Hargreaves Lansdown boss warns City jobs exodus damaging UK economy
Hargreaves Lansdown chief executive Chris Hill said banking giants were “voting with their feet” on Brexit by pulling jobs out of the City.
The boss of Britain’s biggest online trading platform has issued the latest stark warning over Brexit as he said the loss of banking jobs to the continent was already doing “long-term damage” to the UK economy.
Chris Hill, the recently appointed chief executive of Hargreaves Lansdown, told the Press Association banking giants were “voting with their feet” on Brexit by pulling jobs out of the City ahead of the UK’s divorce with the EU.
He said uncertainty created by the negotiations was the biggest concern among financial services firms and was filtering down to retail investors.
“The big banks are moving people overseas – that’s long-term damage to the UK economy,” he said.
His comments come after outgoing London Stock Exchange boss Xavier Rolet said earlier this week that more jobs would be lost overseas unless details of a transitional period were agreed by the end of the year.
Major players such as HSBC, JP Morgan and Goldman Sachs have already said they plan to move hundreds if not thousands of UK jobs to the EU after Brexit, when the UK is expected to lose passporting rights for financial services.
Fears are escalating over Prime Minister Theresa May’s negotiations and ability to secure a transition as the Government appears to be in a deadlock with the EU over its divorce settlement.
Mr Hill remained tight-lipped on his Brexit stance, but insisted Hargreaves Lansdown was neutral on the subject, despite co-founder Peter Hargreaves being a prominent supporter of the UK’s withdrawal from the EU.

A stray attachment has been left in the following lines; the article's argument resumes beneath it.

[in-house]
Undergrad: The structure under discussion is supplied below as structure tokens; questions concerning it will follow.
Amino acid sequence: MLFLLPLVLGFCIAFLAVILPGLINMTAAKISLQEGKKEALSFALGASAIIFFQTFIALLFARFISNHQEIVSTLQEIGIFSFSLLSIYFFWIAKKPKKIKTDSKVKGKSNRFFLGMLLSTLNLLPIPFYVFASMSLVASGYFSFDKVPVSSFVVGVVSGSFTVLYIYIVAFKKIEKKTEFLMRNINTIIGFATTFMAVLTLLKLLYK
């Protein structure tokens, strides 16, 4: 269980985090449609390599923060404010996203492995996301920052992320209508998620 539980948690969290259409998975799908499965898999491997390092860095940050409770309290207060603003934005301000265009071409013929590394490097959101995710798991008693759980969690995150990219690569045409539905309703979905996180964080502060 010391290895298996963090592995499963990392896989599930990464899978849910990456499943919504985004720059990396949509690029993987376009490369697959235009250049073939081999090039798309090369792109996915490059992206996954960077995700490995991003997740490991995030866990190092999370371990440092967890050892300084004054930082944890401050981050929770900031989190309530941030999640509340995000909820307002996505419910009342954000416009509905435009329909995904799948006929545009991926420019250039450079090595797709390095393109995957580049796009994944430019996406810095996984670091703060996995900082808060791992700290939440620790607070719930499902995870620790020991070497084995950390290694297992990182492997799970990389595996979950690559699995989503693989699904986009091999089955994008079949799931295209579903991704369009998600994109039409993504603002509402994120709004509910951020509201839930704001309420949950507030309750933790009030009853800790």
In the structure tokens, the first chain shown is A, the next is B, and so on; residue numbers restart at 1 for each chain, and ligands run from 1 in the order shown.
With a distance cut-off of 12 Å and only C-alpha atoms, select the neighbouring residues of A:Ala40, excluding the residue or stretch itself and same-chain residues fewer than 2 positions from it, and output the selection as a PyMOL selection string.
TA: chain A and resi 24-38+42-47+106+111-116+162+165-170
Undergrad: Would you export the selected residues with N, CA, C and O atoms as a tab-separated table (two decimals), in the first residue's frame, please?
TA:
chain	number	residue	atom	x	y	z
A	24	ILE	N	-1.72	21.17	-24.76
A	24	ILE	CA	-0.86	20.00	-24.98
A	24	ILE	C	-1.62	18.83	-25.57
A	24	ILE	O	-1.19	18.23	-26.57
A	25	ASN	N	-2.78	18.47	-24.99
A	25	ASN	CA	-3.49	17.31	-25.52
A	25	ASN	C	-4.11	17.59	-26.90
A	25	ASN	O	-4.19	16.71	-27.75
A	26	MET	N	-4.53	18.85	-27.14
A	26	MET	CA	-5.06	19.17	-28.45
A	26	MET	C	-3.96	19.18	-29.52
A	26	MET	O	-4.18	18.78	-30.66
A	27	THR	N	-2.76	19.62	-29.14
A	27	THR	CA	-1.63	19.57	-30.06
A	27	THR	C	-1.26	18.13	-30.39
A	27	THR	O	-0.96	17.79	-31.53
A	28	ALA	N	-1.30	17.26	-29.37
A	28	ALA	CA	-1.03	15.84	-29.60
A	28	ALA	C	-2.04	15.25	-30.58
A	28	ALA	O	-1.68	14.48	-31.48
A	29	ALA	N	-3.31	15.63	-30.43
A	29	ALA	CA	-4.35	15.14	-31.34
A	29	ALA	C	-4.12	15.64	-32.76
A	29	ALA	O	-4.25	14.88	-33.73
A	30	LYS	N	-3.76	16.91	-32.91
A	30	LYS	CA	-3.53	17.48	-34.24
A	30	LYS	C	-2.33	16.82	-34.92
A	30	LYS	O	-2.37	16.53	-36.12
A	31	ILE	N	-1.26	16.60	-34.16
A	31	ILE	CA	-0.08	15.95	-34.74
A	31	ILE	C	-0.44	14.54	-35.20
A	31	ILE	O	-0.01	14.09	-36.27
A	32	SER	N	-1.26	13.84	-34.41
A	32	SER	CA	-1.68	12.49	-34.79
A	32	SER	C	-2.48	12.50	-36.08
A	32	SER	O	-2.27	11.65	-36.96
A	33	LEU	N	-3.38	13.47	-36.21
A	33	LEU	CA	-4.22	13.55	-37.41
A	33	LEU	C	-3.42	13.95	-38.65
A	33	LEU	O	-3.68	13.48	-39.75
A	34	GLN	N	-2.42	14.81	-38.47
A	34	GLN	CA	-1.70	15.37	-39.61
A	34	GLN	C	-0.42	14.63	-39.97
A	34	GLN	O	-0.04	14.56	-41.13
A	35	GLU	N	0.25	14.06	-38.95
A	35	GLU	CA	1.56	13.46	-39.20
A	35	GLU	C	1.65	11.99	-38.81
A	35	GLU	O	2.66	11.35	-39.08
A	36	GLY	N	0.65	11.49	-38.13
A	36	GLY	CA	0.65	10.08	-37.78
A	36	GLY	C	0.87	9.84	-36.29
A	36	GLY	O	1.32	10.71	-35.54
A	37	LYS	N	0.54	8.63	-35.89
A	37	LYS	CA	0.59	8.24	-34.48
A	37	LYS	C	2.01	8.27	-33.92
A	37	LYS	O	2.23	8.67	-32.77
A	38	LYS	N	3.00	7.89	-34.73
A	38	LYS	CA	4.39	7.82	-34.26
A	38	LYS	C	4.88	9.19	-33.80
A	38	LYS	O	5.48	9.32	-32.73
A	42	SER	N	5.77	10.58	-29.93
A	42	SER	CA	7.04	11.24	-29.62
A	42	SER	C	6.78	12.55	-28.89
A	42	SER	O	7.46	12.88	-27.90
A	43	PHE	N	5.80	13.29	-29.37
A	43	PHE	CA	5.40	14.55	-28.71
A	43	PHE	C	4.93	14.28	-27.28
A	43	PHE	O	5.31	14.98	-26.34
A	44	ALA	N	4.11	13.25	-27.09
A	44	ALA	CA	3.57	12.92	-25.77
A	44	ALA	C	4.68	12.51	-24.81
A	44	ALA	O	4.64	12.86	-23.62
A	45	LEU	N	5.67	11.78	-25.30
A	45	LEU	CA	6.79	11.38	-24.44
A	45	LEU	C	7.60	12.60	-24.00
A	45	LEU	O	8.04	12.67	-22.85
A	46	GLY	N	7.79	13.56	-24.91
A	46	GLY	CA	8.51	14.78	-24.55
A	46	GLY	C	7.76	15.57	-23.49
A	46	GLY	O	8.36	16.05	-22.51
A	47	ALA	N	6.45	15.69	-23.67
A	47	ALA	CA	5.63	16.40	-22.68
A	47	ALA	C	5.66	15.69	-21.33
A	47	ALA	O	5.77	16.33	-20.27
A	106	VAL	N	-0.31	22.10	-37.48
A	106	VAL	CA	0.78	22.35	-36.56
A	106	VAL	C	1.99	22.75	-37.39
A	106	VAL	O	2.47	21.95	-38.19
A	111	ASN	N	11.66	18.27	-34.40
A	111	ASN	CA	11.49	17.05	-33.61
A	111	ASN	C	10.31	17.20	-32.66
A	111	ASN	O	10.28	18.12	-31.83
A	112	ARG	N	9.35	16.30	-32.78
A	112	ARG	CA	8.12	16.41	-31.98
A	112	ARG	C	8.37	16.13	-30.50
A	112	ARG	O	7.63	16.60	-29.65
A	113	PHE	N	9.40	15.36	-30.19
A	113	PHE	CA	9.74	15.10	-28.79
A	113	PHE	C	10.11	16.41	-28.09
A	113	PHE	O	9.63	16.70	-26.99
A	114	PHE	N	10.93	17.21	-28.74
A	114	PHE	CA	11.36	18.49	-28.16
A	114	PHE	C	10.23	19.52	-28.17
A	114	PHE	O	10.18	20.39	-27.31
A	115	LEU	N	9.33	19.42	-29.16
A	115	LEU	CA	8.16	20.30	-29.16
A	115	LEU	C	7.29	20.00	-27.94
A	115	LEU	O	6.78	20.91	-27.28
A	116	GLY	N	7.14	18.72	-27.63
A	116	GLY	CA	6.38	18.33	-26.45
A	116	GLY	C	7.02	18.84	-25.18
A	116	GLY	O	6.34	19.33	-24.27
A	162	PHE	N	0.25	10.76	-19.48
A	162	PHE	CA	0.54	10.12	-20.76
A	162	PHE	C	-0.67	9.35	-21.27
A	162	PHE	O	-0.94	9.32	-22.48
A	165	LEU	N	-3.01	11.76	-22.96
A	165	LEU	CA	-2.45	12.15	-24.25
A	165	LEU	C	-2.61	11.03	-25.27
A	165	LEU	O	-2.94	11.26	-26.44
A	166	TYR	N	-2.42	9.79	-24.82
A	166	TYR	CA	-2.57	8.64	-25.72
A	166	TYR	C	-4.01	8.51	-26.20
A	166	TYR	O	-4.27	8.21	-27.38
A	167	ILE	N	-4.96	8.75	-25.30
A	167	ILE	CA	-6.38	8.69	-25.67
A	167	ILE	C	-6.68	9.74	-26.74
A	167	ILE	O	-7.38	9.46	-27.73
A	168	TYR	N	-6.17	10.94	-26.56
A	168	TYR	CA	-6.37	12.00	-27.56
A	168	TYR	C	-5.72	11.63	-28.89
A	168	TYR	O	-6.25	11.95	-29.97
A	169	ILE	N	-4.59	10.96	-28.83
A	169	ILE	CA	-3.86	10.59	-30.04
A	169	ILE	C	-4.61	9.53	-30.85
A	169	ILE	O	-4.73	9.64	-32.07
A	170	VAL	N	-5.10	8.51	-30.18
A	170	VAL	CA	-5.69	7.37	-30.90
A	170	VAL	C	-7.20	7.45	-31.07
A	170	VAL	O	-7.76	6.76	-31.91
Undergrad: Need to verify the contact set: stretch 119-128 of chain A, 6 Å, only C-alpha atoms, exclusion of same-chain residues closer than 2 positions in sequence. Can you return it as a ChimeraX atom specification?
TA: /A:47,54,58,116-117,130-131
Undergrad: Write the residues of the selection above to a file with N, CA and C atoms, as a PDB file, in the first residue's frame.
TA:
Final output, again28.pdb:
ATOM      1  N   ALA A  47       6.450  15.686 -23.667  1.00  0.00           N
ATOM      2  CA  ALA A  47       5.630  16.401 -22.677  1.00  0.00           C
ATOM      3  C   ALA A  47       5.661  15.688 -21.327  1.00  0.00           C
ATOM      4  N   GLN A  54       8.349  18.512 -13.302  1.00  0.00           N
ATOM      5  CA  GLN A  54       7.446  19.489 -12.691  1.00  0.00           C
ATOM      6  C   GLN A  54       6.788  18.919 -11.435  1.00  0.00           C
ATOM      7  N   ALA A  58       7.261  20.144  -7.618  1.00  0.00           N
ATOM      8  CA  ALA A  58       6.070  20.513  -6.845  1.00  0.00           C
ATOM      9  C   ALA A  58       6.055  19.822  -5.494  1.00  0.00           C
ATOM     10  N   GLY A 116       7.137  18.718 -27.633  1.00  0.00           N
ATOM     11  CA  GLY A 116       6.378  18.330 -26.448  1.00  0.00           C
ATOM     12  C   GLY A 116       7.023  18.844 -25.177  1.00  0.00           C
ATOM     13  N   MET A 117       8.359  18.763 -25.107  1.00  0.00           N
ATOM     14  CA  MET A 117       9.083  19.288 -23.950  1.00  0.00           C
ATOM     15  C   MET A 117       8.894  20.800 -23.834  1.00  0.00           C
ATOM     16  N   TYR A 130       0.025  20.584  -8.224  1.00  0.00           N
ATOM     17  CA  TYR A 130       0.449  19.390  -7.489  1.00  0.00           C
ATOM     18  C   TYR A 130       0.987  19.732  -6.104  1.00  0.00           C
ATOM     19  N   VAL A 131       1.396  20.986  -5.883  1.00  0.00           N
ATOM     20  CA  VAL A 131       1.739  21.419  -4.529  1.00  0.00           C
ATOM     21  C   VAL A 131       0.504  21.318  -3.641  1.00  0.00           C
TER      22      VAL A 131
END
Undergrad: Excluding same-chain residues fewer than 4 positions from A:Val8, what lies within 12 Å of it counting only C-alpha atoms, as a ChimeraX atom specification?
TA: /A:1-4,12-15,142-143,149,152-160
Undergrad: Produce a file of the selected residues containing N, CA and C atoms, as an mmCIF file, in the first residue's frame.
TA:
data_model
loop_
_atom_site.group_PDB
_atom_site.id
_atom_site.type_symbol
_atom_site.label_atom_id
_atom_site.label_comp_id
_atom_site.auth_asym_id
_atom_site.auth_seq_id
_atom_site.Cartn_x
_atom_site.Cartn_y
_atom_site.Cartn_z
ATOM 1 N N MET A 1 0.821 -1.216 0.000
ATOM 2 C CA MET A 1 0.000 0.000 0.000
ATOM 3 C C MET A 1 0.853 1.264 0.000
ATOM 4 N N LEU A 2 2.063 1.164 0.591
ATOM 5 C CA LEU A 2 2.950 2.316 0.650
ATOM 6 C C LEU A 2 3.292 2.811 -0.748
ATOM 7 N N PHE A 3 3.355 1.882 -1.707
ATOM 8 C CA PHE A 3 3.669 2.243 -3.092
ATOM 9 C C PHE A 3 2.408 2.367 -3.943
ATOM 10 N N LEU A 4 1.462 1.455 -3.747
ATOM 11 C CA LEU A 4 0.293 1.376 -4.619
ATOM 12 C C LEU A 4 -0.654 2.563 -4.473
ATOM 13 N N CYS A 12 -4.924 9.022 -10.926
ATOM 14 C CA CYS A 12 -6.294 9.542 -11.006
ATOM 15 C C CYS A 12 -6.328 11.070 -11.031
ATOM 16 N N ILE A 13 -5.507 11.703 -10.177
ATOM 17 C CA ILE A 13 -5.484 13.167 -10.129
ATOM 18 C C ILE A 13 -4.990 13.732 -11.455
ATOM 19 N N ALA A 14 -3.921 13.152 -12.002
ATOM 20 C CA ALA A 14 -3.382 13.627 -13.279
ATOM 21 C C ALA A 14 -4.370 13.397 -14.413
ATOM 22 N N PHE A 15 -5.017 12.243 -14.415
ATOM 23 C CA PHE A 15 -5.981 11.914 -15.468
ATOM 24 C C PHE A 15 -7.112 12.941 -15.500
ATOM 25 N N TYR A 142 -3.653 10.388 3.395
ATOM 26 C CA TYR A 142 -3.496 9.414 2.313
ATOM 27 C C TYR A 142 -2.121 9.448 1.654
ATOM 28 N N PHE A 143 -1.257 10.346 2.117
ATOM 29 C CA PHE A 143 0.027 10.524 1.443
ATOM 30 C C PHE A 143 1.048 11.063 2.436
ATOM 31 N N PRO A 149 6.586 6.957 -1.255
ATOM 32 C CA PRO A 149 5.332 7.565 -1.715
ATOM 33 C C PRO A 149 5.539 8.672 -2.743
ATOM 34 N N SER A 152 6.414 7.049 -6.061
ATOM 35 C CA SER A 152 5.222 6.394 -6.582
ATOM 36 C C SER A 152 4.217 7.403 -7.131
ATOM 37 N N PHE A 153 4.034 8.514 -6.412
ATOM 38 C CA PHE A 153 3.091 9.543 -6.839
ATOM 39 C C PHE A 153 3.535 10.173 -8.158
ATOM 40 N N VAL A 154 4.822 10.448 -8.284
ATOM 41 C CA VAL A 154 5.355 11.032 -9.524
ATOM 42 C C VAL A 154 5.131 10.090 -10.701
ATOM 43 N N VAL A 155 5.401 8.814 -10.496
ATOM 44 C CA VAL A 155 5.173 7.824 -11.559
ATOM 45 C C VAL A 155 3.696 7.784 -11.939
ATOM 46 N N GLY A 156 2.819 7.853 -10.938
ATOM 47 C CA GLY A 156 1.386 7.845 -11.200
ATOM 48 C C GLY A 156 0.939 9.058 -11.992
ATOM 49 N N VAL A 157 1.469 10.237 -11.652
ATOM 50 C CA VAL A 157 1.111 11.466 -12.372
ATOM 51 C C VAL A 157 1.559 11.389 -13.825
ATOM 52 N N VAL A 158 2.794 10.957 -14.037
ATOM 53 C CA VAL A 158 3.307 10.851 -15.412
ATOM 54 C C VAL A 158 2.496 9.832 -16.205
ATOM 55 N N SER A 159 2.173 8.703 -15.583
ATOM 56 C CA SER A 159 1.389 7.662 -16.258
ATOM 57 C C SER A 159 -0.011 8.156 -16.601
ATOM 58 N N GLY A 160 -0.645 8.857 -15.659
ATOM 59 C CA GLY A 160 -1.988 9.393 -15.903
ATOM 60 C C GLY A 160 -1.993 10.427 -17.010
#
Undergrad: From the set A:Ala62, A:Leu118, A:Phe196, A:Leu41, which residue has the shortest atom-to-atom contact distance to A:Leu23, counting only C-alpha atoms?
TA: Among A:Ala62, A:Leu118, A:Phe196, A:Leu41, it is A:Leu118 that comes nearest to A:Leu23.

Mr Hargreaves pumped more than £3 million into the Leave campaign, while co-founder and former business partner Stephen Lansdown backed Brexit as well, although less vocally.
Mr Hill also joined other investment fund giants in cautioning over the fragility of stock markets amid mounting fears of an impending correction.
Indices in the UK and US have hit new all-time highs in recent days, seemingly oblivious to global political turbulence, with the FTSE 100 in London notching up its record close of more than 7550 in the face of Brexit worries.
Mr Hill said Britain’s stock market could “turn in either direction”, adding that “any escalation of geopolitical tensions won’t help the mood music”.
He said: “There is no doubt that the outlook is as uncertain as it has ever been and liquidity is such that negative news can have a significant impact on individual shares.”
But he offered some comfort to concerned investors, insisting that “more money is lost by investors not investing than in the corrections themselves”.
Mr Hill took on the top job in April, replacing Ian Gorham, who left after seven years at the helm.
He is aiming to steer the Bristol-based group through its “third stage of growth”, with plans to tap into other areas of the £2.4 trillion savings and investment pool.
The group, which also has a 100-strong financial advice team, is planning a “soft” launch of its Active Savings cash management service later this year, with a full roll-out in 2018, in what some experts believe will be a transformative move for the sector.
It will add another string to the group’s bow, while growth is showing no signs of slowing at its online fund supermarket, which now has nearly one million clients and saw assets under management swell by another 4% to £82 million in the latest quarter.
Mr Hill said technology was key to the group’s growth plans, but he stressed his reservations over so-called robo advice, which is taking the financial services sector by storm.
“It’s people you’re talking to and they’re all very different – you have to communicate with people in different ways,” he said.
He said the “drop out rate is far too high” among prospective investors, with many put off by a lack of confidence and understanding.
“That’s the challenge for us and everybody,” he said.